The Duplin Winery in Rose Hill, North Carolina is raking in a bountiful harvest this year. Workers say the hearty crop thrives in heat, humidity, and even rain. The primary effect of heavy summer rains on the Muscadine grape was increasing the plumpness of the fruit. Recent sunshine has helped grape farms by sweetening the water-laden grapes as well as drying the soil in the fields. Until recently, the ground had been too muddy to navigate equipment through.
Muscadines are genetically able to withstand extreme weather. Their tough outer skin and resilient inner meat help the fruit build up tons of antioxidants. In fact they have the highest antioxidant levels of any grape in the world. The one thing the grapes cannot withstand is wind. High winds from storms like hurricanes will quickly shake the fruit off their vines. In fact, it is a shaking motion that harvesters use to remove the fruit from their parent plants. With winds being light overall this year. Many grapes have held strong and are now ready for harvest.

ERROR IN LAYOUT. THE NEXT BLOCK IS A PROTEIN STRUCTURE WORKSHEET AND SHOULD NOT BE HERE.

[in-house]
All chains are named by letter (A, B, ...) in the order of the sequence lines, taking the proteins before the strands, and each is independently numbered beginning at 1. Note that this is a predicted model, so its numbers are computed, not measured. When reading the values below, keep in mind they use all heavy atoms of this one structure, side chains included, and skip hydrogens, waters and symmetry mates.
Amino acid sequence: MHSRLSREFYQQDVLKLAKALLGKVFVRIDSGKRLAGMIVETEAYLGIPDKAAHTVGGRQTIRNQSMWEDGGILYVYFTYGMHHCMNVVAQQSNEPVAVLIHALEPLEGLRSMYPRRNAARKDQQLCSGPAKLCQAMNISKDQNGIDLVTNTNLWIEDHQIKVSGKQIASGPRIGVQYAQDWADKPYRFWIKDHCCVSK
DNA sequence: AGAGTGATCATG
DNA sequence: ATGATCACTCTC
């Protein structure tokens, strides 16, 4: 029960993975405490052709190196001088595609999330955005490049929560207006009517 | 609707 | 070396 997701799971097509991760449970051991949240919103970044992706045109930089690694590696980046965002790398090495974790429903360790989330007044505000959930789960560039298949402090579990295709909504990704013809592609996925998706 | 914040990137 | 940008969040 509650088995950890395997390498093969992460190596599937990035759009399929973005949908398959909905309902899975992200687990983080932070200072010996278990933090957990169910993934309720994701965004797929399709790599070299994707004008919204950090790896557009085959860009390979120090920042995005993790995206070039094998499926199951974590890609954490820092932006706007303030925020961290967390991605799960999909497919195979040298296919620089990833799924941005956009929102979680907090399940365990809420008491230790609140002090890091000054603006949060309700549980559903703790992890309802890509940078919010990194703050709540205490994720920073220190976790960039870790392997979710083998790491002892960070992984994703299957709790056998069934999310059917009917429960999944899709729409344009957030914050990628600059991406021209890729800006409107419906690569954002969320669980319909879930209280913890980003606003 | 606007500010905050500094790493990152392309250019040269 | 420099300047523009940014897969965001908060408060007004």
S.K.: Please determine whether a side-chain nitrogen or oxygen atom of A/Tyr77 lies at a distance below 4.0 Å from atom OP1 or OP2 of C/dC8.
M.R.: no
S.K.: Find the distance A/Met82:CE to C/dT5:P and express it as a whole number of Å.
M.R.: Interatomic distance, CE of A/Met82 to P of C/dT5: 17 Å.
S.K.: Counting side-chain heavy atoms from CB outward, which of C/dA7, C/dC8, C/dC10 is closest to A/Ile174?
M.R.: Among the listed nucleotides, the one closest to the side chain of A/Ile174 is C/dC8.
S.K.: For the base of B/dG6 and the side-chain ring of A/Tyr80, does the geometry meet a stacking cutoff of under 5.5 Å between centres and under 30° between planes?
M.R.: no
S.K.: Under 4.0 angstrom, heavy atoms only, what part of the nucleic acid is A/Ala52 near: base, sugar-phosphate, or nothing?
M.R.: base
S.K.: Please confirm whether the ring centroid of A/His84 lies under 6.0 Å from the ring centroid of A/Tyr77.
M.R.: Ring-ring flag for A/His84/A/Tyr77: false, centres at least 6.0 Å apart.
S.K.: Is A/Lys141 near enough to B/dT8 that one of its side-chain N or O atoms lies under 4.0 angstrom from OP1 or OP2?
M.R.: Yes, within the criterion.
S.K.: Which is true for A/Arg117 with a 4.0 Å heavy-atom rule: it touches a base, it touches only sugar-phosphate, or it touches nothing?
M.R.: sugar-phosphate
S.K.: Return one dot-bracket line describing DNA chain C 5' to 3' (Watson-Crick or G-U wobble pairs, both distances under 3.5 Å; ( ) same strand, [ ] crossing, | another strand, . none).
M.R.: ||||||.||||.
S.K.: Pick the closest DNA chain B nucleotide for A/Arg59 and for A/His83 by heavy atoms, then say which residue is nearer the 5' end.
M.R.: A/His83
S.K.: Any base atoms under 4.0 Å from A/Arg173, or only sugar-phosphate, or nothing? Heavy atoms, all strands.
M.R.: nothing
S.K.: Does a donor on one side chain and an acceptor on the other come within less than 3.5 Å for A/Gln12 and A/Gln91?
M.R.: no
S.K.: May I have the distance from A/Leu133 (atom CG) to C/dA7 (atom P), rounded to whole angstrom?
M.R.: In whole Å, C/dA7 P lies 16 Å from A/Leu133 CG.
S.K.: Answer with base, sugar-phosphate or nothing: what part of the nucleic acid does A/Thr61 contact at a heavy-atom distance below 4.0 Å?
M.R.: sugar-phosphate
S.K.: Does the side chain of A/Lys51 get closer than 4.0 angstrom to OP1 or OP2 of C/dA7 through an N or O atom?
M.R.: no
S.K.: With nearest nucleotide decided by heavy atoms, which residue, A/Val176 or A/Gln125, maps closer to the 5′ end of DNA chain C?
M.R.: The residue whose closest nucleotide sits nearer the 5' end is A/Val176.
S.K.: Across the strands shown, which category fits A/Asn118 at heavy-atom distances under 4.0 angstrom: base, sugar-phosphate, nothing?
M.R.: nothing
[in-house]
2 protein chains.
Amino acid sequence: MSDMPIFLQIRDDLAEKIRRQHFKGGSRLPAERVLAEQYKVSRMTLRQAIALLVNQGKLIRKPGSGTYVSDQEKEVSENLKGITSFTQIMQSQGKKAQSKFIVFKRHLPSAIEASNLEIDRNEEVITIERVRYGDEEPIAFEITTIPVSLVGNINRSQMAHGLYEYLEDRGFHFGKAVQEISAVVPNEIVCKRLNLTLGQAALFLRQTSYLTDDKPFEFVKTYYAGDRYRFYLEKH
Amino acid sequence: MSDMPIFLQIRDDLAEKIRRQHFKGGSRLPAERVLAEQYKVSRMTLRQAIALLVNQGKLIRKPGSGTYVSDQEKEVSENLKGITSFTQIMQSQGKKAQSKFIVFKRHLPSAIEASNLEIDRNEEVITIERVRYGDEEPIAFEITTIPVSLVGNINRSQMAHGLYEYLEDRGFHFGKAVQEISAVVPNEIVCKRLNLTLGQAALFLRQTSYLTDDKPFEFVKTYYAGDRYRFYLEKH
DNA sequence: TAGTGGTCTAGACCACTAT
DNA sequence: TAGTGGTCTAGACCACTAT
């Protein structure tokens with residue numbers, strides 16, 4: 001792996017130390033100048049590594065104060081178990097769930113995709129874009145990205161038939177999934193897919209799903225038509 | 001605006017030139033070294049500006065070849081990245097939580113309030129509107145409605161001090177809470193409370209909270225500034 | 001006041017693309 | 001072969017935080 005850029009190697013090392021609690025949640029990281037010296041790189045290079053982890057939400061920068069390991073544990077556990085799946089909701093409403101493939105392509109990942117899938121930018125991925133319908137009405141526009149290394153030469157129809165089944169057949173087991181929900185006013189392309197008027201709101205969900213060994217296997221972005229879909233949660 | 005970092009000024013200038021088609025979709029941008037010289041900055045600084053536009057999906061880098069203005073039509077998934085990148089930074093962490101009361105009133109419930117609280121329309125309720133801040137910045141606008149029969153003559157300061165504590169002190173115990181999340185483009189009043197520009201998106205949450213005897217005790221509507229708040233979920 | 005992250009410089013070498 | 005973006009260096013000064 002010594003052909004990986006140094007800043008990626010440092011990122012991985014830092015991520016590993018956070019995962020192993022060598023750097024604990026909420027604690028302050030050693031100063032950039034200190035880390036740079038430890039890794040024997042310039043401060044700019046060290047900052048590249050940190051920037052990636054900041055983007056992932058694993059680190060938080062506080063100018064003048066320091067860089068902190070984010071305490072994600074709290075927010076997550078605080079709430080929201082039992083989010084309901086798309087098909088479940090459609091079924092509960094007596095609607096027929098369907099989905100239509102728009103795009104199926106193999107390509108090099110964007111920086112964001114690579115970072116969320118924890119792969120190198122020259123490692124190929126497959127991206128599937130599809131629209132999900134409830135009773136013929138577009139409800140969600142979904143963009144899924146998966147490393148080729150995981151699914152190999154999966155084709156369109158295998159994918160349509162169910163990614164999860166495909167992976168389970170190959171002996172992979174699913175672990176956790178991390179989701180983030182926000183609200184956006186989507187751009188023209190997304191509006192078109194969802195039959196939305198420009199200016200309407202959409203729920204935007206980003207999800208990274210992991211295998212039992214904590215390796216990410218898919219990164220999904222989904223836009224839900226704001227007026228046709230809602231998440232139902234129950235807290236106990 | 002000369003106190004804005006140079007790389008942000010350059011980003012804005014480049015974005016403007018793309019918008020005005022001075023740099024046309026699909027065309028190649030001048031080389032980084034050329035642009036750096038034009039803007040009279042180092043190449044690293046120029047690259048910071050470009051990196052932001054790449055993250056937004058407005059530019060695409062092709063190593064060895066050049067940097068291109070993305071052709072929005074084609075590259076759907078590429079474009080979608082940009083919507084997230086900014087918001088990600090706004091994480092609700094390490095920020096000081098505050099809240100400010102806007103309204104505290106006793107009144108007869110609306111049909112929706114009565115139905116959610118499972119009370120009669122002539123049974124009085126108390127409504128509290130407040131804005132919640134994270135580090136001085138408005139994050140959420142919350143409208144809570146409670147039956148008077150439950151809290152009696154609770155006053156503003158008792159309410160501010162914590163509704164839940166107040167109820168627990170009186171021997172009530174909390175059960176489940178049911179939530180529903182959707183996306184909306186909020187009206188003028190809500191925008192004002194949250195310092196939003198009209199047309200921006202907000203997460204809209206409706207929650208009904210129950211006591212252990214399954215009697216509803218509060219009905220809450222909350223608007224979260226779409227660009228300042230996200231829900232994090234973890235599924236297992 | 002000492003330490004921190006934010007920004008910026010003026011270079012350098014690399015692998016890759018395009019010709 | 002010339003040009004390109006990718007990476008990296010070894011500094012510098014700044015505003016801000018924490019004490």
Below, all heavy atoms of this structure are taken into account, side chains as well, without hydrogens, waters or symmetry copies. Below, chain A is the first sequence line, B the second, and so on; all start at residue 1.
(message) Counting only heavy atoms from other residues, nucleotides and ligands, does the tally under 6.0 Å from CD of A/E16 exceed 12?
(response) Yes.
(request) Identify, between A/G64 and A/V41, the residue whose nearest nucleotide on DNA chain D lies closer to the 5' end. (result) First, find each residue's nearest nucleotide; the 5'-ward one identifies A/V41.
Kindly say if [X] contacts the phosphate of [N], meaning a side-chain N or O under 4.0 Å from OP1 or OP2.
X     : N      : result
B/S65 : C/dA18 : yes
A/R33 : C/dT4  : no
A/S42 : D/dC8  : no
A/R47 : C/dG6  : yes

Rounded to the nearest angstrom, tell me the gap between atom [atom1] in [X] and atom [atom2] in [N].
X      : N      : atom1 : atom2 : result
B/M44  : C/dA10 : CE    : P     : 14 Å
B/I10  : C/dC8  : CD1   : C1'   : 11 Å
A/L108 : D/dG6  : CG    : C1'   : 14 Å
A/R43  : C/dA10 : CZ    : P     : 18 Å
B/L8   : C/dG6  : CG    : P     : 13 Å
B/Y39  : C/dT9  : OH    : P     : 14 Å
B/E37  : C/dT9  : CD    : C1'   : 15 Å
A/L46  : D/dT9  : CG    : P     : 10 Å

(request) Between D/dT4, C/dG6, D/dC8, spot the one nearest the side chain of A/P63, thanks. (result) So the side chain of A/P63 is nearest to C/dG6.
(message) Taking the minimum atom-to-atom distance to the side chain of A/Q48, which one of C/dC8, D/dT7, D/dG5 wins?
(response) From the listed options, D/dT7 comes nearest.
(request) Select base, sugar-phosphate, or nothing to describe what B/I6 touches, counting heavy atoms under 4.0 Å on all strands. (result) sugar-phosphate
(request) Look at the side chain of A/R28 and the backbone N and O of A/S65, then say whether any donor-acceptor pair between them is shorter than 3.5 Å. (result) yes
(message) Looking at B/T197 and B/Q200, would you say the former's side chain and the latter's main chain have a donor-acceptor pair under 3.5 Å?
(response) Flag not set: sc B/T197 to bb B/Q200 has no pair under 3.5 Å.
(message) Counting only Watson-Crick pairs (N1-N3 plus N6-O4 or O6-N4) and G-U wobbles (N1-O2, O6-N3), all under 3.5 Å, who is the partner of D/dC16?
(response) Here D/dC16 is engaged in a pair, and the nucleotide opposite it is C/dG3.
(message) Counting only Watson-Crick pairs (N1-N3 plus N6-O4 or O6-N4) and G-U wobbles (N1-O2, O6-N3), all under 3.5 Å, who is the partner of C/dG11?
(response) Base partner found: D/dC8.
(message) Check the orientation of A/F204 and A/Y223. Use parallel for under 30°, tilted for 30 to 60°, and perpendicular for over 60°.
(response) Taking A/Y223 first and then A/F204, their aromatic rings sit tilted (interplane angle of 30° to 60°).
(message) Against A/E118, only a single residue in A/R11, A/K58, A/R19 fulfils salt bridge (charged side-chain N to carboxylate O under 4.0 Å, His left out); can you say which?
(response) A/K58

This is the first week the winery is harvesting. They will gather Muscadines from 1,800 acres over four different states. After the fruit is plucked, cleaned, pressed and chilled, it will be fermented for several months, and should be ready to drink in about a year.